{smcl}
{* 01May2024}{...}
{* 18Apr2024}{...}
{* 10Apr2024}{...}
{* 21Nov2017}{...}
{* 27Oct2017}{...}
{title:Title}
{p2colset 5 18 22 2}{...}
{p2col :{hi:itsamatch} {hline 2}} Matching for multiple group interrupted time-series analysis {p_end}
{p2colreset}{...}
{title:Syntax}
{p 8 12 2}
{cmd:itsamatch} {it:{varlist}} {ifin} {weight}{cmd:,}
{cmdab:trp:eriod(}{it:{help datetime:date}}{cmd:)}
{opt treat:id(#)}
[ {opt p:r(#)}
{opt l:ag(#)}
{opt prais}
{opt l:ocal(macname)}
{it:model_options} ]
{pstd}
The panel variable must be declared by using either {cmd:tsset} {it:panelvar} {it:timevar}
or {cmd:xtset} {it:panelvar} {it:timevar}. See {helpb tsset} or {helpb xtset}.{p_end}
{synoptset 19 tabbed}{...}
{synopthdr}
{synoptline}
{p2coldent:* {cmdab:trp:eriod(}{it:{help datetime:date}}{cmd:)}}specifies the time period when the intervention begins{p_end}
{p2coldent:* {opt treat:id(#)}}specifies the identifier of the single treated unit{p_end}
{synopt:{opt p:r(#)}}specifies the minimum significance level ({it:P}-value) for assessing balance; default is {cmd:pr(0.05)}{p_end}
{synopt :{opt l:ag(#)}}specifies the maximum lag to be considered when a model with Newey-West standard errors is estimated;
the default is {cmd:lag(0)}.{p_end}
{synopt:{opt prais}}specifies to fit a {helpb prais} model; the default is a {helpb glm} model with Newey-West standard errors {p_end}
{synopt:{opt l:ocal(macname)}}stores the control identifiers in local macro {it:macname}, making them accessible for later use.{p_end}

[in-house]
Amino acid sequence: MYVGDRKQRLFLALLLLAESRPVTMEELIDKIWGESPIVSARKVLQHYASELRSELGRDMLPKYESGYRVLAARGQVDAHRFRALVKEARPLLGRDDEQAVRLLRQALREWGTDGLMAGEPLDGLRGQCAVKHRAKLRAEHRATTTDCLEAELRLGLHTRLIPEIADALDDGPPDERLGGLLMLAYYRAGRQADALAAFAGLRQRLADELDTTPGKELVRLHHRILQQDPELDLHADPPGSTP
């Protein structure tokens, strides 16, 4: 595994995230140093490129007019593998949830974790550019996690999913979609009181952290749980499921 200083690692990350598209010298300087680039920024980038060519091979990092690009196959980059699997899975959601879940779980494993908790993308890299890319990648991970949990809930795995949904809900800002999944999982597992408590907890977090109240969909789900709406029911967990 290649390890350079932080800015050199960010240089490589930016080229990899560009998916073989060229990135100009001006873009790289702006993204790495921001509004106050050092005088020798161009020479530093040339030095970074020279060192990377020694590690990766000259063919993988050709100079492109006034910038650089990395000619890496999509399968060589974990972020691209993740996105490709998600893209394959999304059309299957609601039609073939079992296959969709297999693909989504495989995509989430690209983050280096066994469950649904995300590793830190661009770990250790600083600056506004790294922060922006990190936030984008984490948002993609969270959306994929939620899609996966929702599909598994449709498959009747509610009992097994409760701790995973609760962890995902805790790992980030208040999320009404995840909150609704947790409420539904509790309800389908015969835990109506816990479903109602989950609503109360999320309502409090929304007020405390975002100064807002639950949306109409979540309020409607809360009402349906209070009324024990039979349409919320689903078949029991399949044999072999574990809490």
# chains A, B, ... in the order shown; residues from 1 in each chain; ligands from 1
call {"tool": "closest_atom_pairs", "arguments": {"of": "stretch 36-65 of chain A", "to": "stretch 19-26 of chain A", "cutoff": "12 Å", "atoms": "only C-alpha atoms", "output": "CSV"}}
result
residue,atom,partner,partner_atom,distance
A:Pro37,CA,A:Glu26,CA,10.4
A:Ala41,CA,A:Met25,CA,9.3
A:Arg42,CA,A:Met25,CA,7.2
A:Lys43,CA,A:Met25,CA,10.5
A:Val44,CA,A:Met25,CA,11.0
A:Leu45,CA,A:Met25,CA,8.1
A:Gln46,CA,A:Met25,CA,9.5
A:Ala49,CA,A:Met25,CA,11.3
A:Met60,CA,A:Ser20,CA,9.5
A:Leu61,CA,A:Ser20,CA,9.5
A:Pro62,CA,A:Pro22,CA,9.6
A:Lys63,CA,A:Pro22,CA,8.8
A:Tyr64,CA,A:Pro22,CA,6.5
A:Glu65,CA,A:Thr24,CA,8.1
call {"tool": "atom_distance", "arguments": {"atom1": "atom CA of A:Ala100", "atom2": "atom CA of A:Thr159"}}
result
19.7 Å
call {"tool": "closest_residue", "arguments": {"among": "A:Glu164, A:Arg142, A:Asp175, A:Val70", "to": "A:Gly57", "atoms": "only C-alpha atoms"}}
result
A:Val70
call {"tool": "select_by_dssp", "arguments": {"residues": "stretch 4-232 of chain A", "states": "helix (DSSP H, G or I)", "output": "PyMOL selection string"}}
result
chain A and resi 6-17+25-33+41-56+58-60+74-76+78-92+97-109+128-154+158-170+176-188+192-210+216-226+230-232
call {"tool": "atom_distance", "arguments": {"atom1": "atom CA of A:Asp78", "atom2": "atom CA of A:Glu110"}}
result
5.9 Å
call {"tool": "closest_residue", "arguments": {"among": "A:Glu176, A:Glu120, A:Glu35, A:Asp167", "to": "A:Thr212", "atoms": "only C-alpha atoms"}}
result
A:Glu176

{synopt:{it:model_options}}specifies all available options for {help prais} when the {cmd:prais}
option is chosen; otherwise all available options of {help glm} {p_end}
{synoptline}
{marker weight}{...}
{p 4 6 2}* Both {opt trperiod()} and {opt treatid()} must be specified.{p_end}
{p 4 6 2}{opt aweight}s are allowed when a {helpb glm} model (the default)
is specified; see {help weight}.{p_end}
{title:Description}
{pstd}
{cmd:itsamatch} is a data pre-processing procedure that identifies units not-exposed
to the intervention that will best serve as matched controls for the single treatment unit,
in multiple group interrupted time-series analysis (ITSA). Matches are defined by assessing
balance on the baseline level and trend of each variable specified in the varlist -- where
balance is determined by a user-defined minimum significance level ({it:P}-value).
{pstd}
{cmd:itsamatch} generates a list of control group identifiers that can be passed on to {helpb itsa}
to assess treatment effects. Under the ignorability assumption, we approximate a randomized experiment
by evaluating outcomes using matches that are balanced on observed pretreatment characteristics.{p_end}
{title:Options}
{phang}
{cmd:trperiod(}{it:date}{cmd:)} specifies the time period (date) when the
intervention begins. The value entered for the time period must be in the same
time unit as the panel time variable specified in {cmd:tsset} {it:timevar}; see
{helpb tsset}. The date should be specified using the respective